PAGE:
It reminds me of one of my favorite books by W.E.B. Du Bois where he explains to readers the contributions of Black people to the development of our country, in particular during the era after the Civil War where there was opportunity to imagine new ways of being for our economy and political structures. The original title of the book was going to be [The] Black Reconstruction [of Democracy] in America though the White publishers shortened it to Black Reconstruction in America, fearful that the original title was too bold for the public, and hiding the radical and successful institutions Black people built that are a model for all of us who cherish democracy.  Bettina Love reminds us that in the 21st century we must remain vigilant to highlight and learn about the contributions of Black people as much as others to the development of our country and society. 

- by Ben Doren, CLEE Continuous Improvement Coach

“The best answer I have is to organize. Parents and teachers and students and folks who believe in justice, believe that teaching Black history is teaching American history, we have to be organized…”  
This last quote is the clear direction for all of us who know equity is the guiding principle for our work for justice in our communities and in our schools. It is only if we organize in solidarity that we will succeed together, for all of us. I am humbled to be reminded that organizing is hard work, but it is also the essential work we must commit to doing as educators who seek equity.


Community Success Needs Community Planning

A school or district improvement plan can just be another requirement or it can be an opportunity to set direction for increasing equity. CLEE’s strategic planning services engage stakeholders in a collaborative process to share their perspectives and help define strategic priorities. This tailored process guides you and your colleagues in identifying high-priority goals and strategies that increase learning and equity for each and every student. Together you construct a clear guide for the next phases of improvement.


The Paul Cuffee School (PCS) is a K-12 maritime-themed public charter school in Providence, RI. PCS used CLEE’s strategic planning services to identify key goals, priorities, measurable outcomes, timeframes, and action steps that guide and inspire the PCS community into new ways to live their mission, vision, and goals.


CLEE provided facilitators who were committed to inclusive processes throughout the strategic planning timeframe. The ongoing success of our strategic planning implementation phases can be attributed to the dedication and hard work of a diverse community of stakeholders.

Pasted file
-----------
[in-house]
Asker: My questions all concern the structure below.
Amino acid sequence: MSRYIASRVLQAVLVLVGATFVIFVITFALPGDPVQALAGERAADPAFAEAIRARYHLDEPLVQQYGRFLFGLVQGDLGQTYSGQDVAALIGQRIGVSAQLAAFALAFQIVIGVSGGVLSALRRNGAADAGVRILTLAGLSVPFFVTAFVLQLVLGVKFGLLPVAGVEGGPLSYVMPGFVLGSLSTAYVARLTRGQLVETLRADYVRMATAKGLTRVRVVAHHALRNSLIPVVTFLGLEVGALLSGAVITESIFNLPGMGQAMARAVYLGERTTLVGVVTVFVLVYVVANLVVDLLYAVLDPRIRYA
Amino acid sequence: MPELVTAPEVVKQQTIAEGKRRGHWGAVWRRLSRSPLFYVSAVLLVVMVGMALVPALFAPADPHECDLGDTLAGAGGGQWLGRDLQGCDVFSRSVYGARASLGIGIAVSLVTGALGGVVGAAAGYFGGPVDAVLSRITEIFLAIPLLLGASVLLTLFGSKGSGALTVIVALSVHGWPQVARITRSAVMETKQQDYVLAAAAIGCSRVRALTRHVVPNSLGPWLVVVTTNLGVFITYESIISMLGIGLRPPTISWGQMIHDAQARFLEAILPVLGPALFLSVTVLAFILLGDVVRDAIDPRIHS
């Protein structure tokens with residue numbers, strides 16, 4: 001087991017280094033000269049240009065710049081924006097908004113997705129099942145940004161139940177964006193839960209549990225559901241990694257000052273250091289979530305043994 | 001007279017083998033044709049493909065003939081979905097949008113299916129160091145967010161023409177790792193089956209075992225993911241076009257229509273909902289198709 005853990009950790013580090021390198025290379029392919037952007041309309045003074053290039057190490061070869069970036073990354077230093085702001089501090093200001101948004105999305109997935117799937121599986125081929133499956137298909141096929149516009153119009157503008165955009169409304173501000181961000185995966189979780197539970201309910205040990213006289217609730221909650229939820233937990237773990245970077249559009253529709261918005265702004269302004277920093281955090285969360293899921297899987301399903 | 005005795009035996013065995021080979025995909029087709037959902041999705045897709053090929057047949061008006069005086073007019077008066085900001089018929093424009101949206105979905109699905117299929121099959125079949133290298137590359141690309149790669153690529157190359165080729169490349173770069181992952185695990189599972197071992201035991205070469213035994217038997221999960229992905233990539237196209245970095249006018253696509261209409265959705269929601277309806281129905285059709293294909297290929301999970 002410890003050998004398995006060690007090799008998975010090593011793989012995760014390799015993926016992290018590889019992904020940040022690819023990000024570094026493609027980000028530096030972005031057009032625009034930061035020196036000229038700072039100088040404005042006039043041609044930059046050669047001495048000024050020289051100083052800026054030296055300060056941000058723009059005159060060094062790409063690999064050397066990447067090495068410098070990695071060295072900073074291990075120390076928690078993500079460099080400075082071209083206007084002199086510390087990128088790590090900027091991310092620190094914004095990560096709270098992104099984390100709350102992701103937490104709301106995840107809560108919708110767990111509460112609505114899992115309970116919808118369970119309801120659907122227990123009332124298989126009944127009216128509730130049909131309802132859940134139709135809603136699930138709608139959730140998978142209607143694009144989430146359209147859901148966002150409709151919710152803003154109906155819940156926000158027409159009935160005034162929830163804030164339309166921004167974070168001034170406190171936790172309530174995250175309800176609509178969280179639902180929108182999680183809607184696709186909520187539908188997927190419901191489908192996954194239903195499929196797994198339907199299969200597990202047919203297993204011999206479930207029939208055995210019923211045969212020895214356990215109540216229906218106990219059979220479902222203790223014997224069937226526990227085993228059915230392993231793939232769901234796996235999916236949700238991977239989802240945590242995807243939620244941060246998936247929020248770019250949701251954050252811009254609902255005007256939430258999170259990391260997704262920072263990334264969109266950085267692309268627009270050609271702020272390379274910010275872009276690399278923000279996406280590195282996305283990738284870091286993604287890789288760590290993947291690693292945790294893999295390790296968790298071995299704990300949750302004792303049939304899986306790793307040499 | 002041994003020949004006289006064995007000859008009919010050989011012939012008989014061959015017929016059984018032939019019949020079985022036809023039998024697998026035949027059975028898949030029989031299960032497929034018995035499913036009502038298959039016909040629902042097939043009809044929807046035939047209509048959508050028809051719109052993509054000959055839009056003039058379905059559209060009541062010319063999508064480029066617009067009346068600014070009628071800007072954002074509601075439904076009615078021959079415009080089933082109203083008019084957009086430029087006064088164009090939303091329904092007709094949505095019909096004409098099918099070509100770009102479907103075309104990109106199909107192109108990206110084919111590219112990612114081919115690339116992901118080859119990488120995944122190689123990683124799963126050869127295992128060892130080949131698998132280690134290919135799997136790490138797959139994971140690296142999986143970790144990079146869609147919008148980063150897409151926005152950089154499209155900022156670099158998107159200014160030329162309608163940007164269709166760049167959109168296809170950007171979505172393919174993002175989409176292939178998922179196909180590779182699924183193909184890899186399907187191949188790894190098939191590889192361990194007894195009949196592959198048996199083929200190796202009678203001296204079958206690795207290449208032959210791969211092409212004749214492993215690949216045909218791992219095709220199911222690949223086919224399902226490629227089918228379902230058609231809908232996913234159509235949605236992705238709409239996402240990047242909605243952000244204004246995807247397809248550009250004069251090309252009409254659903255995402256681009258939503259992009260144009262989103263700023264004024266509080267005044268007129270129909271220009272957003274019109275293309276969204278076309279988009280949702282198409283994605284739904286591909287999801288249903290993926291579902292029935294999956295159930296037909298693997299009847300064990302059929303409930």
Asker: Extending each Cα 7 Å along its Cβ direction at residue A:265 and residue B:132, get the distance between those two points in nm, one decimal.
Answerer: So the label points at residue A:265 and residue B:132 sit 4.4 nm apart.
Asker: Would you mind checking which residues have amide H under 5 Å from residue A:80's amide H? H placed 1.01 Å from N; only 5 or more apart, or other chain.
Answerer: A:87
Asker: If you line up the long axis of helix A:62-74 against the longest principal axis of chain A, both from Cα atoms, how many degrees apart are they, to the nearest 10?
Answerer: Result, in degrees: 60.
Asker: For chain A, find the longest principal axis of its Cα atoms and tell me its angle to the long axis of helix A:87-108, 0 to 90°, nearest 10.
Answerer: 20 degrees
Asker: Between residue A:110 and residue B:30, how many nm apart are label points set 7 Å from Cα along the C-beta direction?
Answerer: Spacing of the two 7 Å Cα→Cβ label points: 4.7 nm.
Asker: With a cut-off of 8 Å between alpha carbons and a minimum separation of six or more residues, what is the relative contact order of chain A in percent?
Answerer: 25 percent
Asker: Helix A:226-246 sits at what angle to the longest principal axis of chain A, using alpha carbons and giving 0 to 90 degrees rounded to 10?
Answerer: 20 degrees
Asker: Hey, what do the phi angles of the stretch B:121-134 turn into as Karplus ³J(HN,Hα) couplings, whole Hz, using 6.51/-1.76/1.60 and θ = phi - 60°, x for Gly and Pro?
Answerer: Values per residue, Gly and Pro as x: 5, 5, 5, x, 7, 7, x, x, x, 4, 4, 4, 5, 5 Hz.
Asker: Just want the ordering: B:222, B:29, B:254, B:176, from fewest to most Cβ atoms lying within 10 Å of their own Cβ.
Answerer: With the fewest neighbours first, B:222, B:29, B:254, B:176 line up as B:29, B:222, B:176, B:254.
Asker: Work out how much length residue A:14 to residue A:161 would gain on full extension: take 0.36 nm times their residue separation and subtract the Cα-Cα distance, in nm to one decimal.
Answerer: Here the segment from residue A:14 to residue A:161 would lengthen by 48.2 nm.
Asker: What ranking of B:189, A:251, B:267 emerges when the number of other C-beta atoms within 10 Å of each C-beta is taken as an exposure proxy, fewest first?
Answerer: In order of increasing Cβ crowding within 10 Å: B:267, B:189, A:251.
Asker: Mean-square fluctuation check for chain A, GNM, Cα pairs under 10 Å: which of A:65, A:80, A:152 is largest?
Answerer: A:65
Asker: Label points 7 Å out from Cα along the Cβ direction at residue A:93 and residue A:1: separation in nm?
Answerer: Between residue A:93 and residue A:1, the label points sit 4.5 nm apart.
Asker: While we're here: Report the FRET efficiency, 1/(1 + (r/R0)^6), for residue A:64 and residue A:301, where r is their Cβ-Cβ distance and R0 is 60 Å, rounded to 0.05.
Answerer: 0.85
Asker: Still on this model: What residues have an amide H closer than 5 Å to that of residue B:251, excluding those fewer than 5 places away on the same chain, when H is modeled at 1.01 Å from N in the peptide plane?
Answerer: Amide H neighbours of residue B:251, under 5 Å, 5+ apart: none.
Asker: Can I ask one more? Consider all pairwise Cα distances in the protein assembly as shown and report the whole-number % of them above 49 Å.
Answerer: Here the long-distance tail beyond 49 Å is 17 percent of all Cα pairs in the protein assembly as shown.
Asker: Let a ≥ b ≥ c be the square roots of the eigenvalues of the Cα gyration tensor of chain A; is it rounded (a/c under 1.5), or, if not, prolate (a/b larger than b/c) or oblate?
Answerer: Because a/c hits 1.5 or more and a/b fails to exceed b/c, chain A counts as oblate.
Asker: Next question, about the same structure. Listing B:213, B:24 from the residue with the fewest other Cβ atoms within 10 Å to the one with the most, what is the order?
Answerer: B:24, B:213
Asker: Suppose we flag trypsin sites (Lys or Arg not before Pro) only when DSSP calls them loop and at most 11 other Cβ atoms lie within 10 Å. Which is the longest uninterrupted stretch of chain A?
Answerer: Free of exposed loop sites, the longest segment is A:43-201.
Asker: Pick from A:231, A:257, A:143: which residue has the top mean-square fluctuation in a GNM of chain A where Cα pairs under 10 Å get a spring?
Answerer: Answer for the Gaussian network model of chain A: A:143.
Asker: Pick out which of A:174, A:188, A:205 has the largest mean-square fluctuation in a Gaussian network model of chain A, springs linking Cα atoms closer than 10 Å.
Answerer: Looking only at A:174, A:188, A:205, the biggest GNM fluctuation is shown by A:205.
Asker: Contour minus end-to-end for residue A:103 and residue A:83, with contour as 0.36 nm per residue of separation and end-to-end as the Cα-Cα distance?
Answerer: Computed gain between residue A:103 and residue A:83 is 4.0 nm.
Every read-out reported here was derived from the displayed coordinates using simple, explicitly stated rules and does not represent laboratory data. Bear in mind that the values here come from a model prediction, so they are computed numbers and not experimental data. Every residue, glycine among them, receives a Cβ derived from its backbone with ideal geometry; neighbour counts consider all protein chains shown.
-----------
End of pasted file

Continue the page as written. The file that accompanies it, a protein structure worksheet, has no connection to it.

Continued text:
The investment of community members across the district is remarkable and enduring. You can see and hear evidence of the plan living in classrooms, at Board meetings, at committee meetings, and in conversations with the school community and extended community. These groups connect with one another through the direction set by the 2021-2026 Strategic Plan goals and priorities.

As a result, this sense of community authorship has led to broad commitment in delivering on our promise, which is to unleash the full potential of every student.

- Christopher Haskins, Head of School, the Paul Cuffee School


We would love to have a conversation about your goals, dilemmas, and questions. There is always a tension between where we are and where we want to be. That can be a creative tension to help inform and push you toward your goals. It is never too early to plan for the future, and the 2024-25 school year is fast-approaching.


Each month, CLEE offers a question or two to help you reflect on what you are experiencing. Thinking about the importance of questioning and what your answers mean is one more step in your growth as a leader for equity.

Join CLEE on social media to follow the monthly questions and share your answers.

What small steps are you taking to collaborate to increase equity in your setting?

The Resource book is back! 

The Resource Book is a selection of protocols curated into a spiral-bound book and organized into sections, ideal for both new and experienced practitioners who want easy access to our most popular tools.